Hello – have just been visiting Tsavo. We were based at Camp Tsavo (which used to be called the Taita Discovery Centre). It is an amazing location – a former cattle ranch nestled between Tsavo East and Mt Kasigau. It is a fantastic place to be based for anyone wanting to explore a more remote corner of the Tsavo ecosystem – and the added bonus is the cloud forest on Mt Kasigau, which is one of the most remote and beautiful forested massifs of Kenya.
To learn more about Camp Tsavo – you can visit their website here:
Just after we arrived, we had an interesting visitor come to greet us at the dinner table! She was very friendly…
The entire place was a green as I have ever seen it. A most interesting phenomenon was the carpets of Ipomoea (morning glory flowers) that literally covered everything – bushes, trees and the ground. From a distance in some places it looked like it had snowed. Below are some photos taken by my friend, Wenfei Tong, of the flowers.
Of course with the rains there were lots and lots of bugs about. We found this stately old gentleman ambling across the road – he is an Armoured Ground Cricket – insects that only appear for a few weeks after it rains.
There were lots of butterflies around too. This flock of Pea Blues were busy sipping juices from some fresh lion dung!
There were a lot of Emperor Butterflies about too – here a tiny blue butterfly is using one as a perch!
Other butterflies around included this orange and black ‘Joker’, and lots of whites and yellows – who were all busy mud-puddling.
All over the world, especially in the tropics, butterflies gather daily to ‘mud-puddle’ as it is called, at the edges of savannah and forest pools, rivers, streams or even at damp patches on roads where a passing cow or buffalo has urinated.
They are thirsty and come to quench their thirst in the tropical midday heat. But their real thirst is not just for water or moisture. What they are really after are salts and other nutrients that seep from the earth. As the water evaporates and moves through the sand, pebbles, clay or mud, it carries with it a whole range of dissolved salts and suspended nutrients – minerals and the like from the soil.
Salt – yes, the plain old sodium chloride (NaCl) we so love to sprinkle on our fish and chips, and add excessively to food of every kind, is something of a rare commodity in nature. Plant material, especially in areas of high rainfall is relatively low in these essential salts, mainly sodium. Herbivores, therefore, need to seek out salts from other sources. In order to obtain enough of this essential nutrient they resort to range of strategies.
The need for salt applies equally to all leaf-eating creatures, both large and small. Butterflies do most of their feeding and growing on leaves as caterpillars. The same leaves that browsing mammals eat and then crave salt. The adult butterflies gather at puddles and streamsides, and at less savoury locations too, to sip the salts dissolved and slightly concentrated in water as it evaporates from the surface of the soil.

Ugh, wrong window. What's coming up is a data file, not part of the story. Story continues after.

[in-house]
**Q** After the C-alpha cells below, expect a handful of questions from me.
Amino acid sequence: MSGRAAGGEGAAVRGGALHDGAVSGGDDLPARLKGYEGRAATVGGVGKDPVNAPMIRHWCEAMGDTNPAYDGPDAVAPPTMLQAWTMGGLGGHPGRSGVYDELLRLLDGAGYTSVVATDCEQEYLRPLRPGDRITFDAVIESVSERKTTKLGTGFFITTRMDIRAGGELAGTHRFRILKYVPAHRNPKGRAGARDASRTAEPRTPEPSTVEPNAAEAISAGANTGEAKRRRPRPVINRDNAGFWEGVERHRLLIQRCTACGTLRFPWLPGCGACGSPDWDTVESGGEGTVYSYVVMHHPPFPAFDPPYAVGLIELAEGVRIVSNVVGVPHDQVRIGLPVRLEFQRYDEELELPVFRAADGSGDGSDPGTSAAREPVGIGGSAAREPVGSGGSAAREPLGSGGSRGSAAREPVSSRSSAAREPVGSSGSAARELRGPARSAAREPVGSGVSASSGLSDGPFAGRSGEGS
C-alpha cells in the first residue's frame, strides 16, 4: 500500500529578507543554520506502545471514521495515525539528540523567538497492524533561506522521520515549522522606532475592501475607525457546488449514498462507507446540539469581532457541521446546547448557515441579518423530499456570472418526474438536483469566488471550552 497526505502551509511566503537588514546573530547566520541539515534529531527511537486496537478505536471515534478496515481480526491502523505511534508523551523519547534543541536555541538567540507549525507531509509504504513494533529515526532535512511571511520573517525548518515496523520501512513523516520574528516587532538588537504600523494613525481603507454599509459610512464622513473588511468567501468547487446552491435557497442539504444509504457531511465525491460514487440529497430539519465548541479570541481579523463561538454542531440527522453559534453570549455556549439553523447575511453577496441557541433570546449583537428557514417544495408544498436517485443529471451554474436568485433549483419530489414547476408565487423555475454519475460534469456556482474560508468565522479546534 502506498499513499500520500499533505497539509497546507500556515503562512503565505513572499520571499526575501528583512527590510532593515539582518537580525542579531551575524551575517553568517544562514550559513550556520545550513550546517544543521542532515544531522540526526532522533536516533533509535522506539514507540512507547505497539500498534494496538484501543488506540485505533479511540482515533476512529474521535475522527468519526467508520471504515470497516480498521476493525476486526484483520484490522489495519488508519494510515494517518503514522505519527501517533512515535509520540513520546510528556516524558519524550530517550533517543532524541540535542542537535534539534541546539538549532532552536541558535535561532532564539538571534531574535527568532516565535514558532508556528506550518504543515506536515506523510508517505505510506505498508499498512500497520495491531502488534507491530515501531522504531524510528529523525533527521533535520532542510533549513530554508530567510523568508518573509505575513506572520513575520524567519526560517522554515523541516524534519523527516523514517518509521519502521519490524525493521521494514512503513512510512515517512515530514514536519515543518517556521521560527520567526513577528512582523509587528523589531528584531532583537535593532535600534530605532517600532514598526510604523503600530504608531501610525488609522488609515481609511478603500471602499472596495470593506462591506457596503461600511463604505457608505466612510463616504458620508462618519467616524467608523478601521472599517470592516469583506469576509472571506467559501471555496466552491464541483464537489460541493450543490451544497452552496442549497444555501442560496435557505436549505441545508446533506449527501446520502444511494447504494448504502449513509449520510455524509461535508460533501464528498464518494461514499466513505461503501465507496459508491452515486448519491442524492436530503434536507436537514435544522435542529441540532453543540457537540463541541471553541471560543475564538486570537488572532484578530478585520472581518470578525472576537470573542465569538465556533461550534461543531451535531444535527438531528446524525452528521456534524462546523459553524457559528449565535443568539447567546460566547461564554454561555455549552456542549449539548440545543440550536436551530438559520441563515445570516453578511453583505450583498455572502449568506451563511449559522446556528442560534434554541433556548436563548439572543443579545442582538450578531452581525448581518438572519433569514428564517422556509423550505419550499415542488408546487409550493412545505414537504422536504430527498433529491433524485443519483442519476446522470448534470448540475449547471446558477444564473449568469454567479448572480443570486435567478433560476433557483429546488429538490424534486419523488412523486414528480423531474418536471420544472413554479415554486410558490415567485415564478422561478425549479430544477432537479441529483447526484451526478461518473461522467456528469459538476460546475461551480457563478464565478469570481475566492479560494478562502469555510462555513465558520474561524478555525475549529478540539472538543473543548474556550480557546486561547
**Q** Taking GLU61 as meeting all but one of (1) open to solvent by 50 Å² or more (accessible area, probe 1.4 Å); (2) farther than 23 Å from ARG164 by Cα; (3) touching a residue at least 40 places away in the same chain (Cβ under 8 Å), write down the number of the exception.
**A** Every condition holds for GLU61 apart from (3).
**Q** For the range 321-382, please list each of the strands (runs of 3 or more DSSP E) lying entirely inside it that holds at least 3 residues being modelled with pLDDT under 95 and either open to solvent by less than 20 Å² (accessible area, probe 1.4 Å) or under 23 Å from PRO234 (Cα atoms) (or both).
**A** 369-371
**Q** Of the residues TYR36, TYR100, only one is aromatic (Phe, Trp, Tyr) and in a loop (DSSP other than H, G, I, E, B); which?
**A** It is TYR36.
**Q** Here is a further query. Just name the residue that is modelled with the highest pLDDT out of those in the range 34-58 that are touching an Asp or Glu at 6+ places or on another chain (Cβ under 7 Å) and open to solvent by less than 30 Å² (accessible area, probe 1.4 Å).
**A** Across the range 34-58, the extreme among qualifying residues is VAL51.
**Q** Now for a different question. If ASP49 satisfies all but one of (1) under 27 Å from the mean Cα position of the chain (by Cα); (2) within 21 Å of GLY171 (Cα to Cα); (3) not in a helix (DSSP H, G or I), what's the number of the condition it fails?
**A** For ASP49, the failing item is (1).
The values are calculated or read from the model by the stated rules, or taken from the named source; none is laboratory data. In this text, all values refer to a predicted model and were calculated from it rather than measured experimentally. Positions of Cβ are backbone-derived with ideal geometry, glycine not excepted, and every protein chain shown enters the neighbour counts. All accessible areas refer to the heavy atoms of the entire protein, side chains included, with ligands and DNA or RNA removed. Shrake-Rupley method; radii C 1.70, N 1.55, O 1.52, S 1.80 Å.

It seems pretty straightforward – gather and mud-puddle and get your dose of salt. But with insects nothing is ever so simple. Even something as ordinary as salt has become a cunning card when played by the hand of evolution.
Looking really, really carefully at the butterflies that come and gather to mud-puddle and sip salts, one notices several interesting patterns. Firstly, only males come to mud-puddle. Males of many different species gather and shuffle, jostling for space on the best spots. Since females rarely if ever gather at damp patches – how then do they obtain their much-needed salts?
The answer, of course, is from the males. Mud-puddling out in the open is risky business. Even in a crowd you’re still exposed to dangers from above and below – ravenous ants, insectivorous birds and jumping spiders to name just a few. But male butterflies, despite all the risks, still gather at damp patches in large numbers.
The reason behind this is that without the extra salts and nutrients, they stand little chance of mating and passing on their genes. Natural selection works through an interplay of invisible pressures and forces and pure chance that leads to one behaviour, trait or gene being slightly favoured over others in the endless gamble of life.
When most moths and butterflies mate, the male passes the female a special package known as a spermatophore. This sac, a nuptial gift, contains in addition to his sperm, a whole range of precious substances. The contents of the spermatophore depend on the species of butterfly involved and how much or how little time the male spent mud-puddling or feeding from dung and other such delicious, nutrient-rich substances.
More from the wonderful world of bugs soon!